The Problem of judge selection in Argentina
Since 1997, the Argentinian Council of the Magistracy has changed its norms several times, establishing various institutional designs and leading to heated discussions over their compliance with the constitutional requirements. This prompted the intervention of the Supreme Court, which on two occasions ruled on the conformations proposed by amendments to the law.
There has also been debate on the problems these legal make-ups cause in judge appointment processes. Thus, a context arose in which the need to reform the structure and the internal mechanisms of the Council has become vital.
In this report, the Association for Civil Rights (ADC) inquires into the procedures for nominating magistrates in the Federal and National Courts and the rules that govern them, seeking to identify some of the problems that arise throughout the process. Namely: the characteristics of those evaluating would-be judges, the delays in the different stages, the instances that allow discretionary decision-making, and the inclusion of the gender perspective and ICTs.
For this purpose, the last 17 selection processes completed in the Magistracy Council and submitted to the Executive between 2019 and 2021 were sampled as units of analysis. The examination and systematization of the findings engendered this report as a descriptive diagnosis of the Council’s actual functioning, reaching the following conclusions:
First, the structure affects the quality of the judge recruitment processes. Several aspects of the competitions are regulated by norms or resolutions of the Council that should be encompassed by a specific law passed by the National Congress, as required in Article 114 of the Argentinian Constitution. Among them are the evaluation and interview stages, which require further legal clarification and the introduction of the gender perspective.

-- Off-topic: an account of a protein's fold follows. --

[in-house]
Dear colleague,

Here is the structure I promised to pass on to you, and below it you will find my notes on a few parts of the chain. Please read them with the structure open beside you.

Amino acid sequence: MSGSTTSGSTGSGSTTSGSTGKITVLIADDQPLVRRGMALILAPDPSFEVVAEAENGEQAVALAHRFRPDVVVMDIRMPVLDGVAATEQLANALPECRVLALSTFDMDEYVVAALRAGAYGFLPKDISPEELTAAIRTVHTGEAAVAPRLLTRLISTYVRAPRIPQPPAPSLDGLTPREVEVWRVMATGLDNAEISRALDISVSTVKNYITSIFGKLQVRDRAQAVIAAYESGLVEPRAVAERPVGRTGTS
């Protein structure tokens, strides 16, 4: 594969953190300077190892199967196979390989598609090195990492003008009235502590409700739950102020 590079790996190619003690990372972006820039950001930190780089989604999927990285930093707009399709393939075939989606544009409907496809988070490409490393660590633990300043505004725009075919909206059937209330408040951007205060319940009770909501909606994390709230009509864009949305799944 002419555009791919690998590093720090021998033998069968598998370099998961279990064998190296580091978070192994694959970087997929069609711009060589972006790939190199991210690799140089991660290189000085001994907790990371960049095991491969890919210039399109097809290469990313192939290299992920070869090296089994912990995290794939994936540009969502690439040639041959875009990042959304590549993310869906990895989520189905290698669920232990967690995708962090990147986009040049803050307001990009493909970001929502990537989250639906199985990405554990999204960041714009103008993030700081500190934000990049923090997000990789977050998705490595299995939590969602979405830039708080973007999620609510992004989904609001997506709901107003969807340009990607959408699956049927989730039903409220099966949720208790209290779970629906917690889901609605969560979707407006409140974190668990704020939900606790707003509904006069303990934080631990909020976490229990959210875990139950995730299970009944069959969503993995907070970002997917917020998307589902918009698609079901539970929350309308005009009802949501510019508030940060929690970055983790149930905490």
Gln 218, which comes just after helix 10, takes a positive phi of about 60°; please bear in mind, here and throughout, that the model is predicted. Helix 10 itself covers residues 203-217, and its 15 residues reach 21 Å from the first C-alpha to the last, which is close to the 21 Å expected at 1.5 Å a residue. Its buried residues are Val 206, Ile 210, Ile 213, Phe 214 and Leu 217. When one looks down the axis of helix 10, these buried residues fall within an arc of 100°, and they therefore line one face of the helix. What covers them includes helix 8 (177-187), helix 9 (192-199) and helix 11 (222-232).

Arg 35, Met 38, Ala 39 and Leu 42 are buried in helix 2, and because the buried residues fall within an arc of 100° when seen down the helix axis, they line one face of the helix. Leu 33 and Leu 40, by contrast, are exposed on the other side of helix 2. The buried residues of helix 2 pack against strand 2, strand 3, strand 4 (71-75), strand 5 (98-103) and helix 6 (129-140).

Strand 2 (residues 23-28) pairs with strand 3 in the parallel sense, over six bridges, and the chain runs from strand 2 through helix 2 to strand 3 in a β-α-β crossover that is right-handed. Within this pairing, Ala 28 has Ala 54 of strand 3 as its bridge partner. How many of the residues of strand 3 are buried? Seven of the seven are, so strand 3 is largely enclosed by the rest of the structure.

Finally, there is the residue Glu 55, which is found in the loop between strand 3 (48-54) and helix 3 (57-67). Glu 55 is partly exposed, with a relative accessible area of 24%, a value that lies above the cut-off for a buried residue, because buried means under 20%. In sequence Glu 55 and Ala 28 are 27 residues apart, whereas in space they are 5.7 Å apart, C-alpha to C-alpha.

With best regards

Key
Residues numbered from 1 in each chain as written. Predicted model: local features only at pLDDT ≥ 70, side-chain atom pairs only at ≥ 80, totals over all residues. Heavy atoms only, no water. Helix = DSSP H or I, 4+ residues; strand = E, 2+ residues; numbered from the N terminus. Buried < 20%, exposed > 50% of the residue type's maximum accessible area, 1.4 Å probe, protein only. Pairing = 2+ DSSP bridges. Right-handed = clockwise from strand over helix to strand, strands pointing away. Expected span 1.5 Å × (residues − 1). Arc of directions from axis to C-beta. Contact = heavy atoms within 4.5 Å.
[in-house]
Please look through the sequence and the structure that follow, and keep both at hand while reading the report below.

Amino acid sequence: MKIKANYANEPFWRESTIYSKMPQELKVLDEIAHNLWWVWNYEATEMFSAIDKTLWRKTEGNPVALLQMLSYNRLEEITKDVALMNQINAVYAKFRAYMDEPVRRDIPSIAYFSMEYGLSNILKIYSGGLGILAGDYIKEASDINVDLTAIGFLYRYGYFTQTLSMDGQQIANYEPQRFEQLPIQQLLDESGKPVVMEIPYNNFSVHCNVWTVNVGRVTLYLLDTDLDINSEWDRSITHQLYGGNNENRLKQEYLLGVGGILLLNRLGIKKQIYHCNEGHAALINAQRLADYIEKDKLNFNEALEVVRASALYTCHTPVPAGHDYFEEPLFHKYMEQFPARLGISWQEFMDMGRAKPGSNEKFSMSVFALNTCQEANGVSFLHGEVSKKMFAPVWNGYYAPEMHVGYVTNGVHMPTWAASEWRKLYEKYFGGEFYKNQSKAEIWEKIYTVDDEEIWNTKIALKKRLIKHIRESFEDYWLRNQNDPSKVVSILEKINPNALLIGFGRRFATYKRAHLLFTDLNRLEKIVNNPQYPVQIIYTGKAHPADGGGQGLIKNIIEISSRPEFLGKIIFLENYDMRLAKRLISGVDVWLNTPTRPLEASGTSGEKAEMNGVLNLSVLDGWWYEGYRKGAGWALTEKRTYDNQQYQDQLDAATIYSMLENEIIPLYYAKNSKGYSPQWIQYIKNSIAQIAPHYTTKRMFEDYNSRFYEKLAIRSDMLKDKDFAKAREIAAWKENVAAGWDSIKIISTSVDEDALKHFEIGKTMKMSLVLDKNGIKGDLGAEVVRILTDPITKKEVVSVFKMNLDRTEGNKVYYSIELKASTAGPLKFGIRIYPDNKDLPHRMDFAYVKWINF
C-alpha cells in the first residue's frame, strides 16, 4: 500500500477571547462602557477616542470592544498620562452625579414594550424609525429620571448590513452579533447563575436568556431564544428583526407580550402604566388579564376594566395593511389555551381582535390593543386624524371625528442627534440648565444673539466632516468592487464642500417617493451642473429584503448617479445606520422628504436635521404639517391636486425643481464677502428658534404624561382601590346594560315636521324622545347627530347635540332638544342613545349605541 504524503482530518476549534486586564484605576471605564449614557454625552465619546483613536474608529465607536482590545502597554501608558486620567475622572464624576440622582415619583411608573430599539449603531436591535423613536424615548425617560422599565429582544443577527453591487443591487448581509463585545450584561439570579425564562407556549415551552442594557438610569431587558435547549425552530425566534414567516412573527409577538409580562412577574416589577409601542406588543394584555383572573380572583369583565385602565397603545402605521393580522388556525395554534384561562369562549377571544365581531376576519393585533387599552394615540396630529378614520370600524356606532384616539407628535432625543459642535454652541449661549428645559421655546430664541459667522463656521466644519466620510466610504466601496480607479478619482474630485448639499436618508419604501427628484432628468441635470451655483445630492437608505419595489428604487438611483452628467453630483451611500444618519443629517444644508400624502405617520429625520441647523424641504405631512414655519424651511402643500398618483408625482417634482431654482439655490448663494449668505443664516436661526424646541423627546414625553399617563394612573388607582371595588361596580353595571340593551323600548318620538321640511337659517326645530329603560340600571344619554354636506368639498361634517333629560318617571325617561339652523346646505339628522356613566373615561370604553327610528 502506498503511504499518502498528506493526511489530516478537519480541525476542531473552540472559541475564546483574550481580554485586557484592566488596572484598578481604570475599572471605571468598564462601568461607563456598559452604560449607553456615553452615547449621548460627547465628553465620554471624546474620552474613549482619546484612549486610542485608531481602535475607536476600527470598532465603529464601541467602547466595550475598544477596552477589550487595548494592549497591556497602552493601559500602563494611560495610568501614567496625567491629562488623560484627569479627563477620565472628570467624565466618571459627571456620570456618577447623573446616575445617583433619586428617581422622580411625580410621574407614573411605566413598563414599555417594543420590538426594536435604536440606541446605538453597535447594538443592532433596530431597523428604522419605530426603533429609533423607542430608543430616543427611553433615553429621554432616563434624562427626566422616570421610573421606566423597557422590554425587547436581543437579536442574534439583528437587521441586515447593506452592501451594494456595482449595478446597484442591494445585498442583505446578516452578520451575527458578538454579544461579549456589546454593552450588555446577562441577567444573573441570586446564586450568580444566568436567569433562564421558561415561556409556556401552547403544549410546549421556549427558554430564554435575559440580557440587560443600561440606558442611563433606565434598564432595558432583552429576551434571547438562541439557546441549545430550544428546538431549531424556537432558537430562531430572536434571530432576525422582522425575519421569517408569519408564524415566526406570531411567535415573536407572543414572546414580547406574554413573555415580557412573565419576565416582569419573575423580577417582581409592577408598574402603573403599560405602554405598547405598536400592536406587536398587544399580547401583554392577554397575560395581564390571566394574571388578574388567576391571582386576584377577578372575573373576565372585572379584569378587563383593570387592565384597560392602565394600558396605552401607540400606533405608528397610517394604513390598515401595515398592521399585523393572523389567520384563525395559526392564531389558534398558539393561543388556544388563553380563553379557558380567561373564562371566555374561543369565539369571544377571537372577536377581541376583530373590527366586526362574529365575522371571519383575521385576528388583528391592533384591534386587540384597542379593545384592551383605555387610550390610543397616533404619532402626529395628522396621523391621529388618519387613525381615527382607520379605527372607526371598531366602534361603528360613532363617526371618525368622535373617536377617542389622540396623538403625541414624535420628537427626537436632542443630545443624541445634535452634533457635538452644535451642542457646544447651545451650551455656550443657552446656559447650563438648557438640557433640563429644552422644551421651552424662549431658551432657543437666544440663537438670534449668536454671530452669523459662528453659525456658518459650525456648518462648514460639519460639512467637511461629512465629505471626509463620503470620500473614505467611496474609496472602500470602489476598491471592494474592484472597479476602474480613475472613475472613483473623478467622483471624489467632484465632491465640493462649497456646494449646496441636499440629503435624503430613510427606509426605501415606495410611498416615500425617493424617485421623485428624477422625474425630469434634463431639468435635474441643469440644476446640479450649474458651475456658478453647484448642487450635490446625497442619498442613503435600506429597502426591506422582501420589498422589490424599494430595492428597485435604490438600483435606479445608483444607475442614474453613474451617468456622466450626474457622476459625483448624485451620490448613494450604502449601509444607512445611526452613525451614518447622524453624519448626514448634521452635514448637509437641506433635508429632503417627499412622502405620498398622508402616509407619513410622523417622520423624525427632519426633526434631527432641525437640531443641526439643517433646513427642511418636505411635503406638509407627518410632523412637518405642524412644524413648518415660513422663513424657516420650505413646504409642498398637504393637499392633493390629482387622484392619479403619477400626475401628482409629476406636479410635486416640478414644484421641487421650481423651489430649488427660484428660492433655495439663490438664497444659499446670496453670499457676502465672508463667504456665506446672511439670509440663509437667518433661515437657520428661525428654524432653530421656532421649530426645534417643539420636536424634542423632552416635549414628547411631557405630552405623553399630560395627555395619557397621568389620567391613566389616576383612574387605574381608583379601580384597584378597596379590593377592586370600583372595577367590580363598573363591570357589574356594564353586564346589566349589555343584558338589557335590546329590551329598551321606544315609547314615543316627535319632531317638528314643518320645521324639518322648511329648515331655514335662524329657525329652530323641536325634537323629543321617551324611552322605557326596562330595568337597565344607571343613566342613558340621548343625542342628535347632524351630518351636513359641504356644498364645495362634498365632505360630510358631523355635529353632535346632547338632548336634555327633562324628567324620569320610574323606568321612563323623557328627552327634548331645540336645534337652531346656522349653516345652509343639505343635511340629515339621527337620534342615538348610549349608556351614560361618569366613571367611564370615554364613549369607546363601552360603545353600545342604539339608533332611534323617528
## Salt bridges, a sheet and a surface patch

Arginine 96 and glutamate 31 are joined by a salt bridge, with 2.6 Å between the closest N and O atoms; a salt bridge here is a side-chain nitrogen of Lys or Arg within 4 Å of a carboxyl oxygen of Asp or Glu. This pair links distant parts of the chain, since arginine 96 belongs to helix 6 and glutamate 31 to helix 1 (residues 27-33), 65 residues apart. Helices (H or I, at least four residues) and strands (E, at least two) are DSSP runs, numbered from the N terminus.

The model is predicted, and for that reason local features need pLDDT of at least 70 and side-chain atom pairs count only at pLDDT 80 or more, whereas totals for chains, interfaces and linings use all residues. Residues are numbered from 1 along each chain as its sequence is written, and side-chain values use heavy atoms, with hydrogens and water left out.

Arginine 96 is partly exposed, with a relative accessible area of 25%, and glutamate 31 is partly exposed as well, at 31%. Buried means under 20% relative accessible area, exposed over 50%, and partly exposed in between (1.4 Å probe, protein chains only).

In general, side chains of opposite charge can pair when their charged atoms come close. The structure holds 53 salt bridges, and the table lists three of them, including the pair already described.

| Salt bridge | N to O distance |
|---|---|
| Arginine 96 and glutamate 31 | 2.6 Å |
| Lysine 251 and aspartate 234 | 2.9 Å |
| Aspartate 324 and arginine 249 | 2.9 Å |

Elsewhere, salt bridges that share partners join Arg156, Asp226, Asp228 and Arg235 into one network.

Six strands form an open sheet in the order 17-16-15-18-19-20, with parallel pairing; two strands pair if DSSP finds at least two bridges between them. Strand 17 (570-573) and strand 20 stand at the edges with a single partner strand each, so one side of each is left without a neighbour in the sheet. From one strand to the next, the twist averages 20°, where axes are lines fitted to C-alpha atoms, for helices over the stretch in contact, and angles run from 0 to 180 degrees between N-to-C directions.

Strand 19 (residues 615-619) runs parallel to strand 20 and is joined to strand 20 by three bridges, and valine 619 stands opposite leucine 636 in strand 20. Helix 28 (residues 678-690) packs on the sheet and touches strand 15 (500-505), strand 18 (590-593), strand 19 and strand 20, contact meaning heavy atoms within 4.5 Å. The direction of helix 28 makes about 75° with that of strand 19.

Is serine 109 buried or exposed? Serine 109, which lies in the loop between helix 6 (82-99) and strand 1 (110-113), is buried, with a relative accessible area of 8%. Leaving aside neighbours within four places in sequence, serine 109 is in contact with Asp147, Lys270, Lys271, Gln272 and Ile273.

Furthermore, there is no particular stage in which delays are more frequent but they rather occur throughout the whole course of action, on occasions explicitly breaching the legal and regulatory deadlines. This poses a serious problem given the institutional importance of the Council as the constitutional body in charge of appointing federal magistrates.
On the other hand, good performance in the opposition test does not guarantee aspirants a place in the final shortlists. Background information, challenges, and personal interviews prove to be the most decisive – and opaque – stages of the process. Likewise, the preeminence of Judiciary staff or the so-called natural candidates in the shortlists must be examined in light of the guarantee of equal treatment concerning those from the free practice of the profession and the academic field.
It should also be noted that the composition of the juries do not comply with the correct composition of persons with specialized knowledge, updated and closely linked to the specific topics of the subject of each competition. In addition to this, access to the contents that are evaluated is cumbersome, aside from those listed in the syllabus. Finally, the levels of female participation in the processes are significantly lower than those of men.
These conclusions show the need for further empirical studies on the actual procedures of the Council, especially in the mechanisms of judge recruitment. Without concrete and accurate diagnoses of the dynamics taking place within these institutions, it is difficult to face the challenge of undertaking legal reforms that will last over time.